A while back, a friend of mine boasted that he was spending time with a hot transsexual. Now, my friend—let’s call him Ryan—is quite the ladies’ man. Despite his perplexing androgynous style—tight jeans, guy-liner, the occasional wig—Ryan always shows up with a gorgeous young woman on his arm.
Now he was dating a tranny, and talking about it as casually as if he’d recently begun incorporating onions in his scrambled eggs. He went on and on about how she was “totally fucking hot, man. Probably one of the hottest transsexuals in the world; it’s probably between her and some Thai boy.”
On a recent evening, I met the woman in question, the beautiful Jamie Clayton, at a bar in the Lower East Side. She is 5-foot-10, has long, wavy red hair, porcelain skin and big blue eyes. She sat upright in her stool, long bare legs draped on top of each other exposing upper reaches of thigh under a gray cloth miniskirt.
Now 30 and a makeup artist, she grew up as a boy in San Diego. Her father, Howard, who recently passed away, was a criminal defense attorney. Her mother, Shelley, is an event planner. Jamie always knew she was different. She used to stare at the hideous beast between her legs and wish it gone. She hardly ever touched it; never once out of pleasure.
I asked her if she was gay in high school.
“I guess,” she said. “I was gay by default. I was always just so feminine. I don’t think anyone who ever met me would describe me as a man.”
In junior high, she won the top awards for math and science, but the prospect of high school terrified her. She wound up at a magnet school for kids who’d been thrown out of other schools. She said that while her father might not have understood her, they got on well because she never got in trouble and brought home excellent grades. She wanted to be a makeup artist. Shortly after high school, it dawned on her that she should move to New York.
“I just woke up and something just clicked in my brain,” she said. “And I was like, ‘I need to be in New York; New York is fabulous.’”
It wasn’t until she got to New York that she realized a sex change was an option. She would go to Limelight and other kids would ask her if she had started taking hormones.
“I was like, ‘What’s that?!’ And that was that.”
The day she got health insurance, she began cold-calling doctors and asking them if they had experience working with transgender patients. No, no, no, no. Finally a doctor on the Upper West Side said yes. But it took another five years before she could save the money. All along she was taking the hormones.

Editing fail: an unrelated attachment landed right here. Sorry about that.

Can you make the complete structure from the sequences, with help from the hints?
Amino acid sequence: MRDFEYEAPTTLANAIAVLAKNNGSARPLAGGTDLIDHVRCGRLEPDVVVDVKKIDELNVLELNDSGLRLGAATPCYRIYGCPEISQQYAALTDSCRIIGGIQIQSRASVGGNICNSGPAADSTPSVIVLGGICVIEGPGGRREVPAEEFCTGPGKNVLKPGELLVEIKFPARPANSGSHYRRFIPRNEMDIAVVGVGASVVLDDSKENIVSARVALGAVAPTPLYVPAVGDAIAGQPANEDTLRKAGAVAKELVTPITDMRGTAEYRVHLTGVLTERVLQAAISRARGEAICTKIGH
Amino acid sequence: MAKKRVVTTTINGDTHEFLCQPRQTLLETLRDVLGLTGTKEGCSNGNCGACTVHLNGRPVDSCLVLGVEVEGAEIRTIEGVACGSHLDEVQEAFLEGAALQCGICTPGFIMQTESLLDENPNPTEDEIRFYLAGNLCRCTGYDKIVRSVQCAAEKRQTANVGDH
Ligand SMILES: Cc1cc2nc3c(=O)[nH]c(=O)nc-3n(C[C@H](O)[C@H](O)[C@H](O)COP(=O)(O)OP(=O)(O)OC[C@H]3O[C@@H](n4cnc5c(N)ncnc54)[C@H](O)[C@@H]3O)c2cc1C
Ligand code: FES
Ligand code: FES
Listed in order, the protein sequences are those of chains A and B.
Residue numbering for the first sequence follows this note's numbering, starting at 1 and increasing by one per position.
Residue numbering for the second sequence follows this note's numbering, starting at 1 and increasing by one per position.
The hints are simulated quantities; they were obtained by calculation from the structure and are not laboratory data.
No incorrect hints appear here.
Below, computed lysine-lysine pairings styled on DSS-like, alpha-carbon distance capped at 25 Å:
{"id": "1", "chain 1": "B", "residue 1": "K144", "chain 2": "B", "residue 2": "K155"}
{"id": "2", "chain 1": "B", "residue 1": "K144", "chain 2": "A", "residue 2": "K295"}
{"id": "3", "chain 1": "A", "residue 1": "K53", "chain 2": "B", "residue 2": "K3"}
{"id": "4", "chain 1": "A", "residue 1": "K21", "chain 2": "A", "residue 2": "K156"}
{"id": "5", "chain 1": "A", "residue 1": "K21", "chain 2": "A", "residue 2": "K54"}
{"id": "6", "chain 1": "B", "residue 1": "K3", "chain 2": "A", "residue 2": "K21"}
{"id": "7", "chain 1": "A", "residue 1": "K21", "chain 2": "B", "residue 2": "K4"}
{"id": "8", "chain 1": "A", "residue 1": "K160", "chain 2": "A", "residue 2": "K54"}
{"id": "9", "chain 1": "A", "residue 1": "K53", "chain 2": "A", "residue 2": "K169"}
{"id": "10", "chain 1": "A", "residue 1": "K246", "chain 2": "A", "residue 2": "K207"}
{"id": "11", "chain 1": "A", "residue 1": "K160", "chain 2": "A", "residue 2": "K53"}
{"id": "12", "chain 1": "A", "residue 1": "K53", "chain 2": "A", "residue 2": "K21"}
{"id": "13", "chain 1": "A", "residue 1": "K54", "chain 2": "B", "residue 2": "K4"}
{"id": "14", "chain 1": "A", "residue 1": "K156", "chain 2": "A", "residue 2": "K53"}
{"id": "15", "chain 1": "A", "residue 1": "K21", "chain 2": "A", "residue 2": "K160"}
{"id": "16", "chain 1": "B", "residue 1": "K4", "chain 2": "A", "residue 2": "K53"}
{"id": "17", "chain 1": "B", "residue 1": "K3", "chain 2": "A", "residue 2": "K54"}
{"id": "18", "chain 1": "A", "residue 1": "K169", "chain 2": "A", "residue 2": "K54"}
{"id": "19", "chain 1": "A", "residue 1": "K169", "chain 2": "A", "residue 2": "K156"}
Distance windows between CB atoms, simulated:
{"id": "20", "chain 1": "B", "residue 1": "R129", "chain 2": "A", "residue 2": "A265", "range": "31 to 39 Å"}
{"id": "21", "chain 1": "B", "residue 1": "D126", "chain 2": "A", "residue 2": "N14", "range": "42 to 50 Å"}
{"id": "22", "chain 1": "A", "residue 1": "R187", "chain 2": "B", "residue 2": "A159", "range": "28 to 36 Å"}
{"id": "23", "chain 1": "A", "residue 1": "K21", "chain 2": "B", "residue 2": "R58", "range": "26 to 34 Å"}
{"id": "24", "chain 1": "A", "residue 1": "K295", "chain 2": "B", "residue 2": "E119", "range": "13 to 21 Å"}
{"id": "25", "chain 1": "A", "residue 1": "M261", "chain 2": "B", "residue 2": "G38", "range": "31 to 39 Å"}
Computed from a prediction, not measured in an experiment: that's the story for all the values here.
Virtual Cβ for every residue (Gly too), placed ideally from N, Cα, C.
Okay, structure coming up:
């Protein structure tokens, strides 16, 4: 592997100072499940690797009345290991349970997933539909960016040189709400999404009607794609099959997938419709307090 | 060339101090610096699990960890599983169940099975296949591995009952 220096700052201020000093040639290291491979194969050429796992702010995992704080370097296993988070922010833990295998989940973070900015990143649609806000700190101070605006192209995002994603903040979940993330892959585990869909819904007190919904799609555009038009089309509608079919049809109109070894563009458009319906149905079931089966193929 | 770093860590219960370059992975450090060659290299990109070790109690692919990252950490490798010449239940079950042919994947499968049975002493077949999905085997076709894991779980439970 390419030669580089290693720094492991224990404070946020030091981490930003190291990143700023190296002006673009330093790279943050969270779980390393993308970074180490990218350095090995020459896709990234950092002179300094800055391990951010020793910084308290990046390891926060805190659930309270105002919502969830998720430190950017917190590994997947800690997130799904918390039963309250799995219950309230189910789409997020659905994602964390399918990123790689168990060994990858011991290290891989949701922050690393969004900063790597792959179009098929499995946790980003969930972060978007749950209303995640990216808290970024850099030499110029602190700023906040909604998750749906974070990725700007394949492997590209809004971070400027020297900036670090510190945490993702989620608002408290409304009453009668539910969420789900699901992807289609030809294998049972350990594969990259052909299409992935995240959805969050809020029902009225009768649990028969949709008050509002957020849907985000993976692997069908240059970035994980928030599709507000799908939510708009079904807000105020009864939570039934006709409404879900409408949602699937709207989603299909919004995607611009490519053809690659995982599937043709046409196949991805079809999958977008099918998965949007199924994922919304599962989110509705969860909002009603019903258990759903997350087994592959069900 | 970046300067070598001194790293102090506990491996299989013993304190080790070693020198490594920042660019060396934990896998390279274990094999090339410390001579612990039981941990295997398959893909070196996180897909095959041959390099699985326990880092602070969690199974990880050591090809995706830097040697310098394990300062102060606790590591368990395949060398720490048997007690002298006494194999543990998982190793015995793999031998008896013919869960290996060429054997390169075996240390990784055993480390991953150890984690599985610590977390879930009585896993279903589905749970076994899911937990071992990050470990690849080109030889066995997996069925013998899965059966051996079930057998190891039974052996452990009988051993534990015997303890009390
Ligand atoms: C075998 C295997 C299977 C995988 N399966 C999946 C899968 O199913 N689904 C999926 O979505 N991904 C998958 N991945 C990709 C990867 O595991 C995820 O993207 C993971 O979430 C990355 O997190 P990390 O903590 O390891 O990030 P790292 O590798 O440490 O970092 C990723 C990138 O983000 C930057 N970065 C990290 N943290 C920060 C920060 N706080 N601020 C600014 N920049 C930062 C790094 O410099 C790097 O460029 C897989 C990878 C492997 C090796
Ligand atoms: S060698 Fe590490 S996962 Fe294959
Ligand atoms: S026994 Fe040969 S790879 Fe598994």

“There was an almost instant calming effect that sort of like washed over me,” she said. “After being on them for a couple of months, they made me incredibly emotional at times. I’d find myself acting a little cuckoo, and then I’d realize, ‘Oh, my body’s sort of going through a change right now.’”
After a subtle boob job, Jamie was soon attracting the men she was looking for: What she would call straight men who have a taste for transsexuals and choose to ignore the extra baggage.
She met a photographer at a club; they dated for two and a half years. He said he loved her; they gave it a real go. He finally said he couldn’t deal. Now he’s married, has kids.
Then came a magazine writer. They had been dating a couple months, just having fun, so Jamie thought. Then one day out of nowhere:
“I’ll never forget it; I was 23 or 24,” she said. “I remember a very specific moment when we were literally in the middle of having sex and he asked me if I was in love with him. I had just broken up with [the photographer] shortly before, and I was like, ‘Why are you asking me that right now?’ And he said he knew that I liked him a lot, and that we got along really well, and he thought I was falling in love with him. So I said to him, ‘Are you in love with me?’ And his response was, ‘I can’t be in love with you.’ And I literally got up and put my clothes on and left and never spoke to him again.
“It was in that moment that I learned that I would never put myself in a situation, or that I would try incredibly hard to avoid situations where—because I thought that was really incredibly shitty for someone to say something like that: ‘Oh, I can’t be in love with you.’ Why? Because I’m different, because I’m a freak? Because your parents wouldn’t like it, because your friends wouldn’t like it? It hurt a lot. It sucked.”